Fantastic Lafreri School bird's-eye view of the 1567 Siege of Gotha, the culmination of the "rather bizarre" Grumbach Feud period of the Holy Roman Empire. Engraved in fine Italian detail, the map was engraved in Venice by Nicolo Nelli in the same year as the aforementioned siege.
This fine copperplate engraving shows in grand detail the fortified city of Gotha, with individual buildings, wells, and more shown, and buildings of importance named. Detail extends into the countryside, with various smaller towns shown with their fields and military movements shown throughout. As with many of the superior Lafreri School prints, this view shows a remarkable and evocative eye for detail.
The map describes the siege as follows:
Alli 25 di Gennaro 1567 su posto l'asedio sotto la gran fortezza di Grimesteim insieme con la citta di Gotta dall'essercito del sacro Imperio li quali luoghi furono d'alli Cittadini dali nelle mani del Comissario dell' Imperio, all 13 di Aprile, insieme con li ribelli, et alli 17 furono seconod i loro demeriti giusticiati.
This describes the Siege of Gotha, which followed the decline of the Ernestine line of the House of Wettin. After the division of the House in 1485, this lineage had won control of the Electorate of Saxony, however, the loss of the Schmalkaldic War against the Holy Roman Emperor in 1547 led to the abdication of the Electorate, as well as any imperial privileges and the invocation of an imperial ban. A younger member of the Ernestine line, John Frederick II, took it upon himself to reclaim power for the Ernestines, and was goaded on to staking a claim to the Electorate by Willhelm von Grumbach. Grumbach's plan involved a series of unlikely events, including a general insurrection of knights and the use of magic charms. Grumbach managed to forge some alliances and plot various assassinations, and the successful siege of Gotha was one of the high points in the insurrection. However, the plan would eventually fail and John Frederick II would be imprisoned and Grumbach dismembered.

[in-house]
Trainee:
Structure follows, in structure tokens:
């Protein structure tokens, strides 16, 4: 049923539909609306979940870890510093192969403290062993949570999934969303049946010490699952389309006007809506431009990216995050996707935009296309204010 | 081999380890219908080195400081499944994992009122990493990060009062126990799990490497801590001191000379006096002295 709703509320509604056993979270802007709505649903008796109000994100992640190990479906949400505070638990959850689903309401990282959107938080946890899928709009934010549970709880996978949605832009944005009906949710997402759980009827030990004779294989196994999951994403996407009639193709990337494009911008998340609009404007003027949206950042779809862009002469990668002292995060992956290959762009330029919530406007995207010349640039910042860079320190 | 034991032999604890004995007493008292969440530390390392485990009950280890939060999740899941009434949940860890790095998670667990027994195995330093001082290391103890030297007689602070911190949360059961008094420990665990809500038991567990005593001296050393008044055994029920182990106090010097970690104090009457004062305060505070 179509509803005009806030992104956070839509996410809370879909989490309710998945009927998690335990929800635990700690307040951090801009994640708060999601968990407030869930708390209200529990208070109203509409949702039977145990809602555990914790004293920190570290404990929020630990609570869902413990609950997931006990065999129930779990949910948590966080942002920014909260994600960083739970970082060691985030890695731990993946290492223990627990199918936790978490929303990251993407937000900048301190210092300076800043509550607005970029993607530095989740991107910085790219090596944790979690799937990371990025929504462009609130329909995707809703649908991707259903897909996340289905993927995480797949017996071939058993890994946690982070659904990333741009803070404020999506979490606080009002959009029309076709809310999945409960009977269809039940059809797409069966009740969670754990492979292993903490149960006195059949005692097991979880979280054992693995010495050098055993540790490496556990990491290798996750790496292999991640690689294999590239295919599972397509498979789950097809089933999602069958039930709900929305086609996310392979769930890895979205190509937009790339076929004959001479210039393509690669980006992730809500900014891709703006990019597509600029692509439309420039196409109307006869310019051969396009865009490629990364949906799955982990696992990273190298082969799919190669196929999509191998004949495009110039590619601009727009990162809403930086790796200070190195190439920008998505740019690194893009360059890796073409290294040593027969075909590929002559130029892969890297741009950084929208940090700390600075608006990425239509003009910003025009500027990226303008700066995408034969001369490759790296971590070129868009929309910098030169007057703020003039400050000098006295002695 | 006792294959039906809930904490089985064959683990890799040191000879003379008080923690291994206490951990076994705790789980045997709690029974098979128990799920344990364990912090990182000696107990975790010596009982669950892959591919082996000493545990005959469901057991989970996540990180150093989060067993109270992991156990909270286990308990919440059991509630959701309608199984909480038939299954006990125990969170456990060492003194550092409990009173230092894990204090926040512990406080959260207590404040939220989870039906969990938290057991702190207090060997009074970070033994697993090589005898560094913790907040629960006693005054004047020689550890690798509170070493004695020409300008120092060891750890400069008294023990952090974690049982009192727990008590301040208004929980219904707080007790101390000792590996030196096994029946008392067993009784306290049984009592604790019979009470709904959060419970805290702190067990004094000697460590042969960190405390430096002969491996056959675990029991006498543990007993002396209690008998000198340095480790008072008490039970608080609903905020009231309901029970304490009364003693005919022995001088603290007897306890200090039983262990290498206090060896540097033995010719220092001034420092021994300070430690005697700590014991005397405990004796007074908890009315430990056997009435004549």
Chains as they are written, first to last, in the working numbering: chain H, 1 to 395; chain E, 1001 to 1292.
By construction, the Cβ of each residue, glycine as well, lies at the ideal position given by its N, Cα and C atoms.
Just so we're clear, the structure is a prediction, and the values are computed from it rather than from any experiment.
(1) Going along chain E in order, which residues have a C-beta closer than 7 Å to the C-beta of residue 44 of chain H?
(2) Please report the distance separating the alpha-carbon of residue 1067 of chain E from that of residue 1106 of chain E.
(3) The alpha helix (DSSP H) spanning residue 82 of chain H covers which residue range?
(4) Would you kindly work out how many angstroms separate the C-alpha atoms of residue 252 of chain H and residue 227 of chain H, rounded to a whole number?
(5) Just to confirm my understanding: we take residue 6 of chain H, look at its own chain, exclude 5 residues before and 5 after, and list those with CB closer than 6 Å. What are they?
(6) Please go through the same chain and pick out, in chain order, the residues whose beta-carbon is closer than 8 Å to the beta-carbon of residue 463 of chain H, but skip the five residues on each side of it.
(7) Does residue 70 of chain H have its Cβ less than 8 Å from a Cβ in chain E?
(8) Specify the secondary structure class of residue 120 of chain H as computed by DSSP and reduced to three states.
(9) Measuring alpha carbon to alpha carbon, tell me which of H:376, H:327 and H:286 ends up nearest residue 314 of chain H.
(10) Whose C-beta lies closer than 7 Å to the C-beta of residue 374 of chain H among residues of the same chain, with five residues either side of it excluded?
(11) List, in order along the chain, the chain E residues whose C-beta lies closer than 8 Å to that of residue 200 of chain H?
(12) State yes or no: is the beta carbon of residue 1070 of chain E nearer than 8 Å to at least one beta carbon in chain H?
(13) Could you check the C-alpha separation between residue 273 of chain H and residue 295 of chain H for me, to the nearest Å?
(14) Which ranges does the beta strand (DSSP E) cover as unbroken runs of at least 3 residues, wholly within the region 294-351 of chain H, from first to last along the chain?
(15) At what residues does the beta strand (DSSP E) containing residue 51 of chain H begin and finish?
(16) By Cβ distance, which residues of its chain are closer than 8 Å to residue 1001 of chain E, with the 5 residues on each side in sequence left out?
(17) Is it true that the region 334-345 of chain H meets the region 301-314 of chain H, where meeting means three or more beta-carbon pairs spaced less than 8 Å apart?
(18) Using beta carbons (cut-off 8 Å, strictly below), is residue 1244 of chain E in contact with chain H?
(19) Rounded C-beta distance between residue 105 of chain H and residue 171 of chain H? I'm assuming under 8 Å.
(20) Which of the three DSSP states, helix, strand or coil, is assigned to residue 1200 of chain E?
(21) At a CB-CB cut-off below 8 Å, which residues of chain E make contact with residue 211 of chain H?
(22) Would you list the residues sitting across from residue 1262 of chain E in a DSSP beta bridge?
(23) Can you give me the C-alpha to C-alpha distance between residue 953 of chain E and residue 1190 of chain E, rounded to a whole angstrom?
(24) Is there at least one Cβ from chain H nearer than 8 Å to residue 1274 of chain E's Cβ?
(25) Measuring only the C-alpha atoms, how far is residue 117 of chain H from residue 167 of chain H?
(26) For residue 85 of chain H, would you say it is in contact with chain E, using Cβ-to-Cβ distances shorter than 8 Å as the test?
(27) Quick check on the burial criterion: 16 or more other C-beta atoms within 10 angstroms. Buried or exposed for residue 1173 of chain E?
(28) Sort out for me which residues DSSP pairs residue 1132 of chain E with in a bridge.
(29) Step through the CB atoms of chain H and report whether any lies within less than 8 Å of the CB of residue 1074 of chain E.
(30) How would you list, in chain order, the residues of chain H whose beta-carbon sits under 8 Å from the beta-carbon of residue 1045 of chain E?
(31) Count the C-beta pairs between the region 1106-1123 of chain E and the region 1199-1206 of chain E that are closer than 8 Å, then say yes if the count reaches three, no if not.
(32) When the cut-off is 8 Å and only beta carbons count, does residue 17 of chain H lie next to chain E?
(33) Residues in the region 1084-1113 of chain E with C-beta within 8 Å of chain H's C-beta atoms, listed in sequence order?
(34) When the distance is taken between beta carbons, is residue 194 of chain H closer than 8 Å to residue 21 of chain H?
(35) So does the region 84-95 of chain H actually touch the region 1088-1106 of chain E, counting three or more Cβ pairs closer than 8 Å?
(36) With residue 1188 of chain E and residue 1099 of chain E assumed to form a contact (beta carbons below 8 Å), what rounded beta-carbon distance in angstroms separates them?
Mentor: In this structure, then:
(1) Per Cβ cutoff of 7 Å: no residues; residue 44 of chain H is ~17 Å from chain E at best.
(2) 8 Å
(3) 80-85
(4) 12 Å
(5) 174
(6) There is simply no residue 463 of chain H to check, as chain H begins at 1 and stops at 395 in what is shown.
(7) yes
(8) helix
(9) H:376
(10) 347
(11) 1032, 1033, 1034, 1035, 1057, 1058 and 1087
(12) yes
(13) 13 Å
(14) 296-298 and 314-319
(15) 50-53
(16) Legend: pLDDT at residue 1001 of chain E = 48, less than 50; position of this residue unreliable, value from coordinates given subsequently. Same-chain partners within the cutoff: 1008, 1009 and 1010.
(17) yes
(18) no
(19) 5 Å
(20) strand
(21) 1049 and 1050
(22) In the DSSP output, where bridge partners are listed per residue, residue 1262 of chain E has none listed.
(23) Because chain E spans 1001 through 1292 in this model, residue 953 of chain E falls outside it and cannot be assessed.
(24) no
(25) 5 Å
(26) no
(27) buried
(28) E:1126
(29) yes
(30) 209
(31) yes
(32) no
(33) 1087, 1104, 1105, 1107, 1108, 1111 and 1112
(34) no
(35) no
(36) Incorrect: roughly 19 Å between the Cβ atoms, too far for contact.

This map is relatively rare for a Lafreri School work. Bifolco and Ronca list eight institutional examples.
The Lafreri School is a commonly used name for a group of mapmakers, engravers, and publishers who worked in Rome and Venice from ca. 1544 to 1585. The makers, who were loosely connected via business partnerships and collaborations, created maps that were then bound into composite atlases; the maps would be chosen based on the buyer or compiler’s interests. As the maps were initially published as separate-sheets, the style and size of maps included under the umbrella of the “School” differed widely. These differences can also be seen in the surviving Lafreri atlases, which have maps bound in with varying formats including as folded maps, maps with wide, trimmed, or added margins, smaller maps, etc.
The most famous mapmakers of the School included Giacomo Gastaldi and Paolo Forlani, among others. The School’s namesake, Antonio Lafreri, was a map and printseller. His 1572 catalog of his stock, entitled Indice Delle Tavole Moderne Di Geografia Della Maggior Parte Del Mondo, has a similar title to many of the composite atlases and thus his name became associated with the entire output of the larger group.